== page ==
With 22 days remaining in the 2019 legislative session, Senators continue floor debate on priority bills, and the Revenue and Appropriations committees continue to work on property tax relief and the state’s biennial budget. Only a handful of Senator priority bills have yet to be debated on General File. Senators begin late-night sessions at Speaker Jim Scheer's discretion this week.
Here are updates on a few of the important early childhood bills in the Legislature.
LB590allows licensed child care providers to report trainings to the Nebraska Department of Health and Human Services (DHHS) electronically using NECPRS, the Nebraska Early Childhood Professional Record System. This will create cost and procedural efficiencies for DHHS and care providers. First Five Nebraska worked with Senator Tom Briese, DHHS and the Nebraska Department of Education on this bill and offered supporting testimony when it was heard in committee. LB590 was passed without opposition and signed into law by Governor Ricketts on April 17.
LB564revises the definition of facilities eligible to receive grant funding under the Civic Community Center Financing Fund. Under the revision, multi-use facilities that include child care may qualify for funding. LB564 was placed on General File by the Urban Affairs Committee. It was not designated as priority, however, so it’s unlikely to be debated on the floor this session, but will carry over to the 2020 session. Read our blog post in support of LB564.
LB341, which brings Nebraska into compliance with federal graduated phase-out regulations for the child care subsidy, andLB459, which brings Nebraska into compliance with fingerprint background check requirements for child care providers, were amended intoLB460. The Nebraska Health and Human Services Committee designated LB460 a priority bill, and Senators advanced it to Select File without opposition. Nebraska risks a 4% penalty to its Child Care Development Fund if it fails to implement the graduated phase-out and a 5% penalty if it fails to implement FBI fingerprint background checks. We thank the DHHS Committee and the full legislative body for working to bring Nebraska into compliance. Read our testimony in support of LB341 and LB459.
LB289is the Revenue Committee’s property tax bill. Nearly 50 people testified in opposition and only four in support during this bill's public hearing. Senators continue to try to find a compromise that has broad appeal.
LB294is the mainline budget bill for the 2019-2021 state biennium. It’s required to be on General File by May 2and must be passed by May 22. The Appropriations Committee released its initial budget recommendations, which restored last year’s cuts to Sixpence and the preschool grant program.
Pritzker Children's Initiative (PCI) has awarded Nebraska a $100,000 planning grant to develop a policy framework to advance high-quality early learning opportunities for the state's youngest children.
Nebraska was just one of 11 states to receive a grant out of 42 that applied. The 11 states are eligible for Implementation Grants based on the quality of the plan they develop over the next six to nine months.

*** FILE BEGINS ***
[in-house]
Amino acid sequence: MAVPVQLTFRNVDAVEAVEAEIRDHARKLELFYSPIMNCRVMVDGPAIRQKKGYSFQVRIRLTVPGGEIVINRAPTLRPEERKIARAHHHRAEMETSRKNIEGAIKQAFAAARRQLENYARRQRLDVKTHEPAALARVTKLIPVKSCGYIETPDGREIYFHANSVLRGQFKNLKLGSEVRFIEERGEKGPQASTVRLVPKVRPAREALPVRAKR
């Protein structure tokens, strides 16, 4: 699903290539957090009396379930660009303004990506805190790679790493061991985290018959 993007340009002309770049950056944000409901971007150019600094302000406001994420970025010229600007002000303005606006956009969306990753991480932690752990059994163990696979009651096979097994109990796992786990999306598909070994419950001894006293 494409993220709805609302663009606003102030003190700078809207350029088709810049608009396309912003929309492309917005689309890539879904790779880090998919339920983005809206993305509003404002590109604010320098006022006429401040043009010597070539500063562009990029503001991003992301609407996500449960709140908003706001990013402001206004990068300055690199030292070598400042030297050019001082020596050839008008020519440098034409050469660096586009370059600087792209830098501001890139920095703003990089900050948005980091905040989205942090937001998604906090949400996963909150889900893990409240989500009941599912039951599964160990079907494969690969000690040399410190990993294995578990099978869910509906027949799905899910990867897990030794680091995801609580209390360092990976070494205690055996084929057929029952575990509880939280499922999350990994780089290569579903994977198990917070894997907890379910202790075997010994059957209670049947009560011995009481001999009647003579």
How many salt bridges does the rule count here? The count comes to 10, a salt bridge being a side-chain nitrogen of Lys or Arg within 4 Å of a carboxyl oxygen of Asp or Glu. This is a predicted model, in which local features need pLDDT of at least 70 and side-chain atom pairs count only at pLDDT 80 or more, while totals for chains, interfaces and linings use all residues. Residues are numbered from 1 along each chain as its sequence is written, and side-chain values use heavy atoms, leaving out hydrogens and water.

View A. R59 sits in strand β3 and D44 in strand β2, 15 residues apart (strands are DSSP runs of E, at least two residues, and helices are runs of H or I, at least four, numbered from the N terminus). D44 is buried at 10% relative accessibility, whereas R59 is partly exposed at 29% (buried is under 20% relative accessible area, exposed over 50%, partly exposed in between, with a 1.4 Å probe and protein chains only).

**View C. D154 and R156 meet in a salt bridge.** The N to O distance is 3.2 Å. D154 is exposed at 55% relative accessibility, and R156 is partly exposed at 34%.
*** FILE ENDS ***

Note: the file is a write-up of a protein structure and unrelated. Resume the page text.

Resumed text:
First Five Nebraska will lead this cross-sector effort that will dovetail closely with work already underway on the federal Preschool Development Grant.
Staff from 23 Educare schools across the country, along with research and funding partners, and parents, convened in Lincoln April 16-18 to explore early learning strategies at the 2019 Educare Learning Network Meeting.
The annual gathering is an opportunity to connect, collaborate and celebrate accomplish-ments. Educare Lincoln hosted this year's meeting, which began with a reception and dinner featuring
Senator Tony Vargas. In his address to the group, he reflected on his experience as a
first-time father and as a former teacher in a low-income area of New York. He reaffirmed his commitment to early childhood and the important role high-quality early environments play in lifting families out of poverty and promoting children's healthy growth.
Participants came away from the meeting with a stronger understanding that diversity and inclusion is critical and must be intentional; connections between children, families and educators are powerful; continuous professional learning is essential; and using data to inform decision making is key.
FFN Policy Associate Elizabeth Everett learned a lot about the beauty, strengths and challenges of her adopted state in the Nebraska Chamber of Commerce & Industry'sLeadership NebraskaClass XI. She says throughout the nine-month program, regional tours and discussions ranging from economic development to national factors impacting life here left her eager to do her part to make Nebraska "an incredible place to live."
Governor Ricketts proclaimed the week of April 22
Community Development Week to celebrate Nebraskans who are working every day to build their communities and grow our state. FFN believes quality early childhood infrastructure is a necessary pillar for community growth and economic development. Organizing our resources to help working parents give their children a strong start in life is crucial to our communities' current and future vitality.